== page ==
Album Review: The Gun Club — Fire of Love

Blixa Sounds released an expanded reissue of the Gun Club’s Miami in 2000, and now their similar treatment of the Los Angeles punk band’s debut album, Fire of Love, is getting similar treatment. Oddly – at least to these ears – it’s more accessible than the second LP. Yes, Jeffrey Lee Pierce’s open relationship with melody is on display, but the punk/roots hybrid that the group pioneered is supremely effective.

If you’ve ever wondered what it might have sounded like had Jim Morrison explored punk, blues and country all at once, “Preaching the Blues” might point the way toward an answer. The band sounds like it’s falling apart on “Promise Me,” but that’s clearly by design. “She is Like Heroin to Me” barrels along, careening wildly toward its finish in two-plus minutes.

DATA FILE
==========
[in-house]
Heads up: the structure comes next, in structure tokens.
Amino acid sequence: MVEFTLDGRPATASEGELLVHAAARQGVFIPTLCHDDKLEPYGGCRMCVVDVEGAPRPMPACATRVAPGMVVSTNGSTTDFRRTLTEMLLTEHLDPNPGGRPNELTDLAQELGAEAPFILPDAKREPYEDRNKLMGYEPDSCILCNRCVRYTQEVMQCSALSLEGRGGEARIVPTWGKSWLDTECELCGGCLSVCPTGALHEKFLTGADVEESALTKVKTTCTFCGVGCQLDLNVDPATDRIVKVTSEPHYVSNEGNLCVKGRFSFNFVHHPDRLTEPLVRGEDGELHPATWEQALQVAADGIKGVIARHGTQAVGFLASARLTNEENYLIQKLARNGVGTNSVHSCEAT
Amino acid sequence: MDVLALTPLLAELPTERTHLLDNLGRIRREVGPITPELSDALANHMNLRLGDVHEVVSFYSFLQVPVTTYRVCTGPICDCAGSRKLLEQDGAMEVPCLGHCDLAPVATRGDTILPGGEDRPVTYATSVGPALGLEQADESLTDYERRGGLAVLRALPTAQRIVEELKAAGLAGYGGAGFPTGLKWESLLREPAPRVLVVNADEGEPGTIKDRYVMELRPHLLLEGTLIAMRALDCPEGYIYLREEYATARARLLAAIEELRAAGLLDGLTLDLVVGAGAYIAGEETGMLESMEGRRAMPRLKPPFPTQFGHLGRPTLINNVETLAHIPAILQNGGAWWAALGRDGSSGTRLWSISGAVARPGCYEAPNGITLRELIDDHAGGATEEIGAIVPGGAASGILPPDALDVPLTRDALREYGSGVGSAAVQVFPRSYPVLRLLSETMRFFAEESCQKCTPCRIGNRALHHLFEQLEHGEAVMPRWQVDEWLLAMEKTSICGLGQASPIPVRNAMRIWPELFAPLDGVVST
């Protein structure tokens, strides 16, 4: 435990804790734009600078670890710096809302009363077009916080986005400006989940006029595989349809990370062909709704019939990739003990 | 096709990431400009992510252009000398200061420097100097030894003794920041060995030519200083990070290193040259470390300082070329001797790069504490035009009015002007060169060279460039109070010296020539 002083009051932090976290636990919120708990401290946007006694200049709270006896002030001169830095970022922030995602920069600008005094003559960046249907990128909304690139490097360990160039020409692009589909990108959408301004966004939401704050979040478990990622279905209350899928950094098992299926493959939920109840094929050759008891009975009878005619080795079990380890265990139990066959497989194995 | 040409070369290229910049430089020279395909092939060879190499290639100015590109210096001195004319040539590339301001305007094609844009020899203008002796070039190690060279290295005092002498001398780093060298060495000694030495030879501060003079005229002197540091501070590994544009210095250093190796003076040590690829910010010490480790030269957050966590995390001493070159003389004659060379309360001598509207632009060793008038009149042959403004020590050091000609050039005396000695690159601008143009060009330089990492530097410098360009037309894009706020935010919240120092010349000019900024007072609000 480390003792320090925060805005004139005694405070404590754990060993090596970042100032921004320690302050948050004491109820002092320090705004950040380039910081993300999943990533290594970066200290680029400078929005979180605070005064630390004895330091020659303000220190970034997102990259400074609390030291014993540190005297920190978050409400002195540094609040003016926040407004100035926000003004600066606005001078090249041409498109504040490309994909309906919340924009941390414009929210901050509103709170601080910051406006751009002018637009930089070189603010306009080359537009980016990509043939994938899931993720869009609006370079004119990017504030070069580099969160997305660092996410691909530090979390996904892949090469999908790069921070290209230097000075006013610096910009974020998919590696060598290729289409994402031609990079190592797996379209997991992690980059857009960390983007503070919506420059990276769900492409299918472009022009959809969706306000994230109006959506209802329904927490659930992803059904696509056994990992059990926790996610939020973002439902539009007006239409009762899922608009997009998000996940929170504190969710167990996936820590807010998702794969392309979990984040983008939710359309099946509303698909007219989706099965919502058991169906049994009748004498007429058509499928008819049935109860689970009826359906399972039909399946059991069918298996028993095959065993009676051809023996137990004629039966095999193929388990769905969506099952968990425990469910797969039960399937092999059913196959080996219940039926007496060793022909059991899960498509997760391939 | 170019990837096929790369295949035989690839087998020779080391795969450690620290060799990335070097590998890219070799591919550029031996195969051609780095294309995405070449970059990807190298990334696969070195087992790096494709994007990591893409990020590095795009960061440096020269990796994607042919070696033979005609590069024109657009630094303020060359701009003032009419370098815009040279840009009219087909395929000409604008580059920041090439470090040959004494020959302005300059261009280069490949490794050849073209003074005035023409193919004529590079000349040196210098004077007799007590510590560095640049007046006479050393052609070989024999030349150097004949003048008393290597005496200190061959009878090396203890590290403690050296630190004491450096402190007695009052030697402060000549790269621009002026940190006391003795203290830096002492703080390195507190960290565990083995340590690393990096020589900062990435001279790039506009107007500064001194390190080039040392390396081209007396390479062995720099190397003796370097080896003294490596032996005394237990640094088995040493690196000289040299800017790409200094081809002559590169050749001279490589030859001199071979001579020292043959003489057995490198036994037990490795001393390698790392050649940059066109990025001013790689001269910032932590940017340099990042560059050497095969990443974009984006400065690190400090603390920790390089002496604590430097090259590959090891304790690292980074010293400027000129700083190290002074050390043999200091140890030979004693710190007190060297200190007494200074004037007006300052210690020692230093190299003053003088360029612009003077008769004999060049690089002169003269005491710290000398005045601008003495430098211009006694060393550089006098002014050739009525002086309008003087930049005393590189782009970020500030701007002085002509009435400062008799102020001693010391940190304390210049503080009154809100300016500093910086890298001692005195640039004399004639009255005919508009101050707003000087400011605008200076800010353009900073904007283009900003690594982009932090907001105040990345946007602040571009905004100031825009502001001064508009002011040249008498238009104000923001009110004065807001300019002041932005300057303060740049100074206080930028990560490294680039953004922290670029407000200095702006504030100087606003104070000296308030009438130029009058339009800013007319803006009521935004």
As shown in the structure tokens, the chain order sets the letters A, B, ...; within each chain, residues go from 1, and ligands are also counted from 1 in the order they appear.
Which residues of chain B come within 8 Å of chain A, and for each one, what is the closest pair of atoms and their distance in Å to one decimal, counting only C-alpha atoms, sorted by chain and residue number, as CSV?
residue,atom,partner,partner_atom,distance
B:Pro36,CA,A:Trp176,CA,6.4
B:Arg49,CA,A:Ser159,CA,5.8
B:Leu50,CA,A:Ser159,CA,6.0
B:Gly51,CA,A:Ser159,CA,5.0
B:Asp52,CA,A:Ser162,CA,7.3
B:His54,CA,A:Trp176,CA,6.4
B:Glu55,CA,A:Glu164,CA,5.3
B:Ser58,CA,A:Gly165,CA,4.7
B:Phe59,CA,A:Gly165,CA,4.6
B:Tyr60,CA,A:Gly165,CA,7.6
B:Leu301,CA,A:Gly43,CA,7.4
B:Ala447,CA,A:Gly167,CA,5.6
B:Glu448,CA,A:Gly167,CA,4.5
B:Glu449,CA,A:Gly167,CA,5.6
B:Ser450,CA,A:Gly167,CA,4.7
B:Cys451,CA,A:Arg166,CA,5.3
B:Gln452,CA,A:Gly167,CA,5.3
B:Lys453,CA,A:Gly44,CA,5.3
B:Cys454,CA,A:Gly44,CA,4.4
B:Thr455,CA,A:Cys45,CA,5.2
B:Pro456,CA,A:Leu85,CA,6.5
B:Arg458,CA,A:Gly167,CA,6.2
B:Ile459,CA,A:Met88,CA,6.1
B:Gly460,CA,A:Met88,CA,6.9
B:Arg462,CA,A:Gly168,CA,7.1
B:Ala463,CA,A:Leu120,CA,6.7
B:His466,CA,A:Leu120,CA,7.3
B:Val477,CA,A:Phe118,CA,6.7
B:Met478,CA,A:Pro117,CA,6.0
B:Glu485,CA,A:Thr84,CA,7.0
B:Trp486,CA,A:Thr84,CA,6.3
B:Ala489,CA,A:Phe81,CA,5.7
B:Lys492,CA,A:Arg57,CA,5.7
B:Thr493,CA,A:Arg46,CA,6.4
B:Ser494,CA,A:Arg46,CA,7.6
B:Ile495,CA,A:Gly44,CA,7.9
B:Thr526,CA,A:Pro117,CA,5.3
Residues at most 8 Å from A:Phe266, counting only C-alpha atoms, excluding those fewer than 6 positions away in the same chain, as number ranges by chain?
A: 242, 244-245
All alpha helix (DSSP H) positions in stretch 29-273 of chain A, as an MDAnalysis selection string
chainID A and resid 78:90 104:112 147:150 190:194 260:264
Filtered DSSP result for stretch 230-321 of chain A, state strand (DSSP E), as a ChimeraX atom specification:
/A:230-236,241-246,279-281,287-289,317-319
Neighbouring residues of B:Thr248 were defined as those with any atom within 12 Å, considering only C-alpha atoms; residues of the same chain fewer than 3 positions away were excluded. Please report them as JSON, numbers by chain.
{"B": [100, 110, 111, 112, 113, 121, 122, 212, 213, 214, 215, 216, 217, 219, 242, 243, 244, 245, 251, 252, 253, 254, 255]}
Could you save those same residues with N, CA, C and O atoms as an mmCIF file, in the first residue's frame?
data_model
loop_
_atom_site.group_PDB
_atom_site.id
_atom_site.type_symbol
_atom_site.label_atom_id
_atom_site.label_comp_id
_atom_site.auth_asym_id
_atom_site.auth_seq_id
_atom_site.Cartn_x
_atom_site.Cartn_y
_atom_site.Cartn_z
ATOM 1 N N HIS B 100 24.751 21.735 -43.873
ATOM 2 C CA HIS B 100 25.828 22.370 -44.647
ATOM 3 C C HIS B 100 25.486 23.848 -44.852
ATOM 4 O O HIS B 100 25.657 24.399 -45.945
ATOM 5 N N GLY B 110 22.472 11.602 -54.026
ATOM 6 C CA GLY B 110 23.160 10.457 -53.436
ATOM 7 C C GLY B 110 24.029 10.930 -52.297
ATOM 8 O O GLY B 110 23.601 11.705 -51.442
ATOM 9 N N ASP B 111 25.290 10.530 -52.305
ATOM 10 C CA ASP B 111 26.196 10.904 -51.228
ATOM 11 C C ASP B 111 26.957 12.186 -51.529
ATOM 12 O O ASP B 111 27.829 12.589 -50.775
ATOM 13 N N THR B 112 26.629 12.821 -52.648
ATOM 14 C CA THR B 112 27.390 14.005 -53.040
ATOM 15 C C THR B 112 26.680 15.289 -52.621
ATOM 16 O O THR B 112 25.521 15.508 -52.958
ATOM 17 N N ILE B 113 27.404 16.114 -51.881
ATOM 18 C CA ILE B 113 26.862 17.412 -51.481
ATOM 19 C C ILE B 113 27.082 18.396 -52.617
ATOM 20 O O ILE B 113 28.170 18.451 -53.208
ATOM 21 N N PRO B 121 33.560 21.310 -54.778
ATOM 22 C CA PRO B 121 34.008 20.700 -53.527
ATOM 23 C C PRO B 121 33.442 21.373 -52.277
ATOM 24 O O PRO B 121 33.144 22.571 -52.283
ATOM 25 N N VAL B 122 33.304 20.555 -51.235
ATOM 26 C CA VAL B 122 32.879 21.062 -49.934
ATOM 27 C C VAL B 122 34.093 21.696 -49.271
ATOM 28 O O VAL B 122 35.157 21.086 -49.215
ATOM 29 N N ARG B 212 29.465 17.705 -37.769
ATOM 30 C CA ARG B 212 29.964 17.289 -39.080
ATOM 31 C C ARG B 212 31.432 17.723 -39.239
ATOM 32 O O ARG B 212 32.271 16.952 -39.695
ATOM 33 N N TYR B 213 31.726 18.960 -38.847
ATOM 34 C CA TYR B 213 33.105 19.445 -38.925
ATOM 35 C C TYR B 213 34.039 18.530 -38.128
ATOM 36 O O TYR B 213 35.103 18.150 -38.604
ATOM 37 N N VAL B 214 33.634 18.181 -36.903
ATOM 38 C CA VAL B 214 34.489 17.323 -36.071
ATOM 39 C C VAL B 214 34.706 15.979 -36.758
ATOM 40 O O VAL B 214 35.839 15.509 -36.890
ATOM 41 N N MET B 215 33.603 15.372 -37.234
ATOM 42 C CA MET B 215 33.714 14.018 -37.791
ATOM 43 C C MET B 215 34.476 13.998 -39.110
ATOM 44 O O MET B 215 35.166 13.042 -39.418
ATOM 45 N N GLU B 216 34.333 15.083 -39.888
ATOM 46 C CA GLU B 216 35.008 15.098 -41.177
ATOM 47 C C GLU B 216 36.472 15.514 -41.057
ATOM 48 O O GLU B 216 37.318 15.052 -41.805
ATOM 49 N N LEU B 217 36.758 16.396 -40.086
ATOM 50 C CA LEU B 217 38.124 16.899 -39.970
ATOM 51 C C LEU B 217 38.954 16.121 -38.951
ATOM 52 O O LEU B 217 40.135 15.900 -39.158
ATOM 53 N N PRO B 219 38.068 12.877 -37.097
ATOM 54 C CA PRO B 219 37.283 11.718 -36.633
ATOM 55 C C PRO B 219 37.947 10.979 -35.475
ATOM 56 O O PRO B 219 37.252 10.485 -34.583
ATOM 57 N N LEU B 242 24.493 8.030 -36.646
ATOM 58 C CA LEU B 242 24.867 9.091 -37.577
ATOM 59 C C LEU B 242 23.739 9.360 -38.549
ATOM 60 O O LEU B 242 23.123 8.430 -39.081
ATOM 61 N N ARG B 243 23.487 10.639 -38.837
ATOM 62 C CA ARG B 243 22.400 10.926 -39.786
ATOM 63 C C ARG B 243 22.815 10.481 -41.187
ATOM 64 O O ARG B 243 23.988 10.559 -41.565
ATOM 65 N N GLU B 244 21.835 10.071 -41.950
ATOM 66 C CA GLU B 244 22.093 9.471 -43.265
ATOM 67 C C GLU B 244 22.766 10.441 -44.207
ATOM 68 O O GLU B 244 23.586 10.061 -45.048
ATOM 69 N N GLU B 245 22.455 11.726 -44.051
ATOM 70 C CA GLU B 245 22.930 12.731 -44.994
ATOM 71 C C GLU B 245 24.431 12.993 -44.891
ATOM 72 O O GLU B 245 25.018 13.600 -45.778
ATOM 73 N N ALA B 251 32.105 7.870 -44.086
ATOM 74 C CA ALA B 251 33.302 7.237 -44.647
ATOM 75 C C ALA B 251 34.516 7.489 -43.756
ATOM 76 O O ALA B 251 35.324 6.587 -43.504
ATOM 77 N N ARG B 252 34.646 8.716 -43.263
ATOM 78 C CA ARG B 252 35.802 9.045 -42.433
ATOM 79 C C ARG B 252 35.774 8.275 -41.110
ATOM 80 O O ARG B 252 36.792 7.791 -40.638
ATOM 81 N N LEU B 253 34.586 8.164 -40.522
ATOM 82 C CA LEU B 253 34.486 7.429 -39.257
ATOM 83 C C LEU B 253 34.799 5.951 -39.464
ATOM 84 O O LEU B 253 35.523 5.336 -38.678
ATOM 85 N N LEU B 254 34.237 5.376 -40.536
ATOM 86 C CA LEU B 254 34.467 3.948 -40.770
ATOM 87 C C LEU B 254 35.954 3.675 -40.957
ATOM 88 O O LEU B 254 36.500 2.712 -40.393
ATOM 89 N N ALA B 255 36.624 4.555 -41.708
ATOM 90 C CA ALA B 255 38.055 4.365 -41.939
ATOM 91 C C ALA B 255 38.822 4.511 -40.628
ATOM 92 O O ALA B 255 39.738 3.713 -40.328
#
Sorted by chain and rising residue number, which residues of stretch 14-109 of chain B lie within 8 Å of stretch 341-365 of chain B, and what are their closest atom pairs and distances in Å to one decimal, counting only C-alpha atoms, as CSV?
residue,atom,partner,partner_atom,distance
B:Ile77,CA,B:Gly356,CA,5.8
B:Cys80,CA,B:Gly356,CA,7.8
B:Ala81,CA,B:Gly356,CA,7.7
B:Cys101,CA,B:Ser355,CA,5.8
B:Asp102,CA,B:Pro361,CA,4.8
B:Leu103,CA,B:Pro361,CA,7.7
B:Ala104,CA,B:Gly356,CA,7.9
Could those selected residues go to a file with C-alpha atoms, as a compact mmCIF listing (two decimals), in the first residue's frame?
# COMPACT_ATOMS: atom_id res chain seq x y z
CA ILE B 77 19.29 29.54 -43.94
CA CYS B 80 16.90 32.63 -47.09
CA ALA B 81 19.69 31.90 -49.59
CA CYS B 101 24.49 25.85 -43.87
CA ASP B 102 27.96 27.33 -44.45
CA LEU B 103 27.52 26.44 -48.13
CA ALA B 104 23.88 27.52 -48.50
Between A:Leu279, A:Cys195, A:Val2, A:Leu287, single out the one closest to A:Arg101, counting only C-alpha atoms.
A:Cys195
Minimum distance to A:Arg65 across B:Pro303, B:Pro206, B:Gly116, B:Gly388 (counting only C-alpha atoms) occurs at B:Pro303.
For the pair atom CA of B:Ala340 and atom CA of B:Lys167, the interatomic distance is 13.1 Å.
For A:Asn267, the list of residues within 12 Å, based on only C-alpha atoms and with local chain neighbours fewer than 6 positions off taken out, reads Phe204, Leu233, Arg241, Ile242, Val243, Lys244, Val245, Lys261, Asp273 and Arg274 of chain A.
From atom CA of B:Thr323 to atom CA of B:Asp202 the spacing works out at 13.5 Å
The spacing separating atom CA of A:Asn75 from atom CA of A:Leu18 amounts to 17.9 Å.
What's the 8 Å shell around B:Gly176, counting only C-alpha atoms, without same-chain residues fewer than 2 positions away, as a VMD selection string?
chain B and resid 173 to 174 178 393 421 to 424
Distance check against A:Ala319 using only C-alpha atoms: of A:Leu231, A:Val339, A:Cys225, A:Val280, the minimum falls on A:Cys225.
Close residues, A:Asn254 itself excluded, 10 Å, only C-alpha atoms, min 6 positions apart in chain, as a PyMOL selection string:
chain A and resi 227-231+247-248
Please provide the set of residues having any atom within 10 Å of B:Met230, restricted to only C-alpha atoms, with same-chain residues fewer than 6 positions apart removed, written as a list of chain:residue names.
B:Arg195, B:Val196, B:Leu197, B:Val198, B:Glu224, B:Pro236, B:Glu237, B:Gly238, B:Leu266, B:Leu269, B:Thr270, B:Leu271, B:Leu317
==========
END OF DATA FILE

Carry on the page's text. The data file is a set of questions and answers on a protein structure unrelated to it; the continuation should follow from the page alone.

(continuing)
There’s not much in the way of variety in the guitar sounds employed by Pierce and Ward Dotson; most of the tone colo comes via the whip-smart rhythm section of bassist Rob Ritter and drummer Terry Graham. That said, Dotson’s frenzied slide work on cuts like “For the Love of Ivy” is exciting stuff.

The original Fire of Love ran eleven tracks. Blixa’s reissue adds ten more to the first disc: alternate versions and demos, they’re thinner in fidelity bu have a similar energy to the official tracks. The second disc presents a 1981 live set at Club 88. There have been numerous Gun Club live releases over the years, but the one included here documents a very early performance.

Graham’s earnest liner notes are worthwhile reading, and the booklet contains some excellent photos of the band.